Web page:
14 For the reasons given by Mr Howell, the evidence in this case–if accepted–would have been sufficient to establish the third of those certainties. But it was not sufficient to establish the other two.
    15 As to certainty of words, I am bound by authority, namely the reported decision of Mr Commissioner Rice in R(IS) 1/90, to approach the issue on the basis that:
    “… I should be very slow to conclude that a person had in effect given away his property, either by direct transfer or by declaration of trust, in the absence of a clear indication to that effect. … No one should be treated as voluntarily given up a proprietary interest in property in the absence of the clearest indication that that was his intention.” (see paragraph 7 of R(IS) 1/90).
    16 In this case, there is no evidence of the precise words used by the appellant to create the alleged trust. Moreover there is evidence that the appellant does not have a high regard for legal formalities and that he regarded the arrangements he entered into as being “a purely private family affair”. He accepts in his grounds of appeal that those arrangements may not have been legally enforceable. The fact that, by 1996, the alleged trust fund was held in an account in the joint names of the appellant, his wife and one of his daughters is not sufficient to manifest that intention, particularly given the evidence of funds that are not trust money but which were similarly held (see paragraph 7(h) above). On that basis, the evidence is not merely insufficient to discharge the appellant’s burden of proving that a “sufficient intention to create a trust [had] been manifested” in 1987. On the contrary it tends to show, on balance, that such an intention had not been manifested.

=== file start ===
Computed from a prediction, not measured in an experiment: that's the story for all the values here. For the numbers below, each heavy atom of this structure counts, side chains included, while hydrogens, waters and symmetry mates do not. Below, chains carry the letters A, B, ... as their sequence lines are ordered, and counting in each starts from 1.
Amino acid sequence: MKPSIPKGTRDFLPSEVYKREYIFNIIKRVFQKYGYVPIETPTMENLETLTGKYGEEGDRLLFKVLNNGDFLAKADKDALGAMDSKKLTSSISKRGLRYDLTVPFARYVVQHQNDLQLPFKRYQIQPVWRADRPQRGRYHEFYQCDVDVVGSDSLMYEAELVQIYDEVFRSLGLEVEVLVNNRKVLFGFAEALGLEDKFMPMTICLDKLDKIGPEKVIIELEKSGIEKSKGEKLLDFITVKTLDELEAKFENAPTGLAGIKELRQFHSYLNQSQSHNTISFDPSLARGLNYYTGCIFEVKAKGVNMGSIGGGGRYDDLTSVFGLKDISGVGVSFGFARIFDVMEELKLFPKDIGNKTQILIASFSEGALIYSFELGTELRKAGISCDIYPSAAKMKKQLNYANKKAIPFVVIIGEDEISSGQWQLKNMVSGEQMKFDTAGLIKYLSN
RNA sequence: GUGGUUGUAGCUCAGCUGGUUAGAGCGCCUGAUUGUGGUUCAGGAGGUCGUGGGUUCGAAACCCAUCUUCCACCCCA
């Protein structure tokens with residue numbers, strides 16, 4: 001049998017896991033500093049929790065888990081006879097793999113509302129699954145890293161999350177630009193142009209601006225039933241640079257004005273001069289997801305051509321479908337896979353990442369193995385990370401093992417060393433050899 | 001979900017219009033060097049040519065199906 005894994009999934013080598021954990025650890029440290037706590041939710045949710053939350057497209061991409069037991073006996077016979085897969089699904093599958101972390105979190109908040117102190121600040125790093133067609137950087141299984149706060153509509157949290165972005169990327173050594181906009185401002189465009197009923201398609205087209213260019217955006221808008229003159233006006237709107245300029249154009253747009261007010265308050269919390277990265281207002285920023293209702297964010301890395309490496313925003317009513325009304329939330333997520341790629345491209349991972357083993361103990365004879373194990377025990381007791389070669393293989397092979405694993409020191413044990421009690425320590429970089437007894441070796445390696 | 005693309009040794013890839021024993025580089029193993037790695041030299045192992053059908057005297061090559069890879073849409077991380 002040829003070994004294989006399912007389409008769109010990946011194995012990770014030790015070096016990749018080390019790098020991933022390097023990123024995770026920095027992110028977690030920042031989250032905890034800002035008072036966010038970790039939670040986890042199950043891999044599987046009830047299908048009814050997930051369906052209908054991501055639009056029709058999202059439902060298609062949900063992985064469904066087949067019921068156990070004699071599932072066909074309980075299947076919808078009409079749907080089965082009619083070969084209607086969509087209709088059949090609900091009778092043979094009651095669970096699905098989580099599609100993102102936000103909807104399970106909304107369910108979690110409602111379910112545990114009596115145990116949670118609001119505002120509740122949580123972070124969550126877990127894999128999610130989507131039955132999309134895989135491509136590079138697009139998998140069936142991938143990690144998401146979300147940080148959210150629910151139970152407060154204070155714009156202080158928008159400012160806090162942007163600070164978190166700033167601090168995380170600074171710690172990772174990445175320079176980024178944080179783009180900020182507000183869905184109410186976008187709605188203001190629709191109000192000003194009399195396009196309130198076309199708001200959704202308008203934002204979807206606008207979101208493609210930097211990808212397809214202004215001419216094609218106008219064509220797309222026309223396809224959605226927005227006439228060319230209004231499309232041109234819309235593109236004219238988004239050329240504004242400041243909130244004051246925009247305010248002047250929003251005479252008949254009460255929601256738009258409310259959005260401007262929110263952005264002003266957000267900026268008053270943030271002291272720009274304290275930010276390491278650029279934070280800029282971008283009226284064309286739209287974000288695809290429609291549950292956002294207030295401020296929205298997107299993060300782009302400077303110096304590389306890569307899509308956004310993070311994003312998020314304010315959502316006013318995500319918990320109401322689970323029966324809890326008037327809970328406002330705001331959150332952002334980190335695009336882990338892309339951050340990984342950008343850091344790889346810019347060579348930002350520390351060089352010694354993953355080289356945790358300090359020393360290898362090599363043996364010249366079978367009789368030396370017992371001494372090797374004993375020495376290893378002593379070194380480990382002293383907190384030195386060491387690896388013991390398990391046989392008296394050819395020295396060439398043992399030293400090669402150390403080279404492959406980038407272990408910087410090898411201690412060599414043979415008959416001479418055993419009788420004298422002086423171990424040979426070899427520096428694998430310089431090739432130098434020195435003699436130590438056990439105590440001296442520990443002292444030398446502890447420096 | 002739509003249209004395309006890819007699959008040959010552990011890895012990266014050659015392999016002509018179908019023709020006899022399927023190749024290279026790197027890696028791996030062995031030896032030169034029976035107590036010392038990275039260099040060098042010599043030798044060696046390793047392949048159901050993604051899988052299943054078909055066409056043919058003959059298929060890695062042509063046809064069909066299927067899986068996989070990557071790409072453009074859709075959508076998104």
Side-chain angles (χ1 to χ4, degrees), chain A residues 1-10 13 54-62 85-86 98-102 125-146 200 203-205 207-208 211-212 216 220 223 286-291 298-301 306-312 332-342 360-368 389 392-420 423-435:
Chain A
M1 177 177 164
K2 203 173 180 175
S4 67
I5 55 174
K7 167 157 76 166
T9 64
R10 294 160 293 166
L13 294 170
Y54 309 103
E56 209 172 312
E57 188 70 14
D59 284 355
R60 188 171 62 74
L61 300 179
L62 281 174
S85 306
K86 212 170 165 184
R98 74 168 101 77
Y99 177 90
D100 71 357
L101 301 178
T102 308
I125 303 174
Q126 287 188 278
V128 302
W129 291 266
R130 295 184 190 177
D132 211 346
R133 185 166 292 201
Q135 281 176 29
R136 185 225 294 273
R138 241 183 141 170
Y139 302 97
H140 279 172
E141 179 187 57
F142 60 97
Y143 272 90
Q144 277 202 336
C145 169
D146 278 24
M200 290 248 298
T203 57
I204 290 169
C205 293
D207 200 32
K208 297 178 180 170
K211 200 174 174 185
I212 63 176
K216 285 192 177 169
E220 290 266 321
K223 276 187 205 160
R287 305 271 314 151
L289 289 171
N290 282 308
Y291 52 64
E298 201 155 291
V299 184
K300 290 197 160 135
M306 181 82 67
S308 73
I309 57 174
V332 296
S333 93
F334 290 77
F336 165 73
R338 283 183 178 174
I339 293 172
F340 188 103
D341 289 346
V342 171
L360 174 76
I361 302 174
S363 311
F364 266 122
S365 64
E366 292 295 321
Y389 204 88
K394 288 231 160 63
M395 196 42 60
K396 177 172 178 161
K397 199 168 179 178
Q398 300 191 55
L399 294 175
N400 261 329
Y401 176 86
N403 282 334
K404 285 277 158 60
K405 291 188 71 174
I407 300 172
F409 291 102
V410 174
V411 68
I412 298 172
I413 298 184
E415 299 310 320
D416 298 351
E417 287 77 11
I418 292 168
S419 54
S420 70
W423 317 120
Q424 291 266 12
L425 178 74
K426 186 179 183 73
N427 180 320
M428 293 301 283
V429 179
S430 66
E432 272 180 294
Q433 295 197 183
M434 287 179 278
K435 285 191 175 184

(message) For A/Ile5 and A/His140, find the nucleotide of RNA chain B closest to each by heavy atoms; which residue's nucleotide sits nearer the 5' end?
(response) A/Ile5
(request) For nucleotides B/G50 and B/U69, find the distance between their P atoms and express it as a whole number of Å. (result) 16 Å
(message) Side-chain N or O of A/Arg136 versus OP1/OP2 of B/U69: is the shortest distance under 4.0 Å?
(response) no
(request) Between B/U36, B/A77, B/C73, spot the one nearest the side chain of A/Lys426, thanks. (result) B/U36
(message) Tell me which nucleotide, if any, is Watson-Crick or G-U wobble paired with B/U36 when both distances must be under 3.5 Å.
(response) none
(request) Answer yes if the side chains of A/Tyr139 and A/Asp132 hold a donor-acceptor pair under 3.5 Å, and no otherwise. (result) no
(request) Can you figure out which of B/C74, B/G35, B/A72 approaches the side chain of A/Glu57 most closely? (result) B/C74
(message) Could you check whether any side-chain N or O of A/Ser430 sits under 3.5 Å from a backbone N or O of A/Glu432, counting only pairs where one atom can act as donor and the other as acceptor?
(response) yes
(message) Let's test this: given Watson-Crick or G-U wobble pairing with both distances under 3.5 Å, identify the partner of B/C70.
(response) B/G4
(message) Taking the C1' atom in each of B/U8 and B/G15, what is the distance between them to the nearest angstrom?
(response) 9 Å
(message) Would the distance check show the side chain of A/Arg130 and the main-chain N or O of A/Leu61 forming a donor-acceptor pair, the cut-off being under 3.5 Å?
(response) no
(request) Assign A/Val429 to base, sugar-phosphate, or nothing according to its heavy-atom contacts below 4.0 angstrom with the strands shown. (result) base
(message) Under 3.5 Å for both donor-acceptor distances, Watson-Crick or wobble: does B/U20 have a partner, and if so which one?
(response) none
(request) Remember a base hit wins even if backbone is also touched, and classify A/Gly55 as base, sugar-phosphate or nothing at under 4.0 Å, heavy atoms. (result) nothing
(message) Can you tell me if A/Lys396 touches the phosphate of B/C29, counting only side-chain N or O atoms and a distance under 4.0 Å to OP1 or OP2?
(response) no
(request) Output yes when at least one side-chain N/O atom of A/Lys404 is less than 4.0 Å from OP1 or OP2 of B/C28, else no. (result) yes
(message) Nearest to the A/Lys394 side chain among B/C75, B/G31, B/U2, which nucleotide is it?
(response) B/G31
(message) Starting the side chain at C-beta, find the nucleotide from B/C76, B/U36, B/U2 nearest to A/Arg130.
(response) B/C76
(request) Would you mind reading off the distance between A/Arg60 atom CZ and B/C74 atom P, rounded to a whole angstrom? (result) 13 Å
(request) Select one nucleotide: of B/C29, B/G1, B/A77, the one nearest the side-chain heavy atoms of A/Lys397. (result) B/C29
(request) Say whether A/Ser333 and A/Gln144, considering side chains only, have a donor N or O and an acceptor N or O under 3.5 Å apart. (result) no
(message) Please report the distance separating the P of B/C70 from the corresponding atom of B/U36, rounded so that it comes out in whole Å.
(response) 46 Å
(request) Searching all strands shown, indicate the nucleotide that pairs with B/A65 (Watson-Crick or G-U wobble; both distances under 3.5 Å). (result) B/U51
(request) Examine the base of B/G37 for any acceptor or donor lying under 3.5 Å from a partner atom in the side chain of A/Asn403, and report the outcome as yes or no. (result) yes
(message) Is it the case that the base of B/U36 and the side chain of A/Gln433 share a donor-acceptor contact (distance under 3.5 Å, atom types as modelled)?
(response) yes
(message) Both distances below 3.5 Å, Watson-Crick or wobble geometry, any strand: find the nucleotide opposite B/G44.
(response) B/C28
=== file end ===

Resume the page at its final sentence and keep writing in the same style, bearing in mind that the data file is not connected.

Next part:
17 That conclusion is sufficient on its own to dismiss this appeal and uphold the tribunal’s decision. However, I should add for the sake of completeness that, in my judgment, the second certainty is not established either. The facts that
    (a) the £60,000 that is alleged to have formed the trust fund was not always held separately but was mixed in the same account as money belonging personally to the appellant and his wife (see paragraph 7(g) above), and that
    (b) it was so mixed 9 years after the trust is said to have been created,
    affect the weight that can be given to the evidence in the “certificate” from DF that each daughter was to have a share of £15,000 as does the fact that that certificate was brought into existence after the claim for benefit had been made and was not contemporaneous with the events that it described. Taking the evidence as a whole, I am satisfied that the certificate accurately reflects the state of the private family arrangement in early 2005 but that is insufficient to establish the identity of the property subject to the alleged trust in 1987, which is the relevant date for the purposes of this appeal..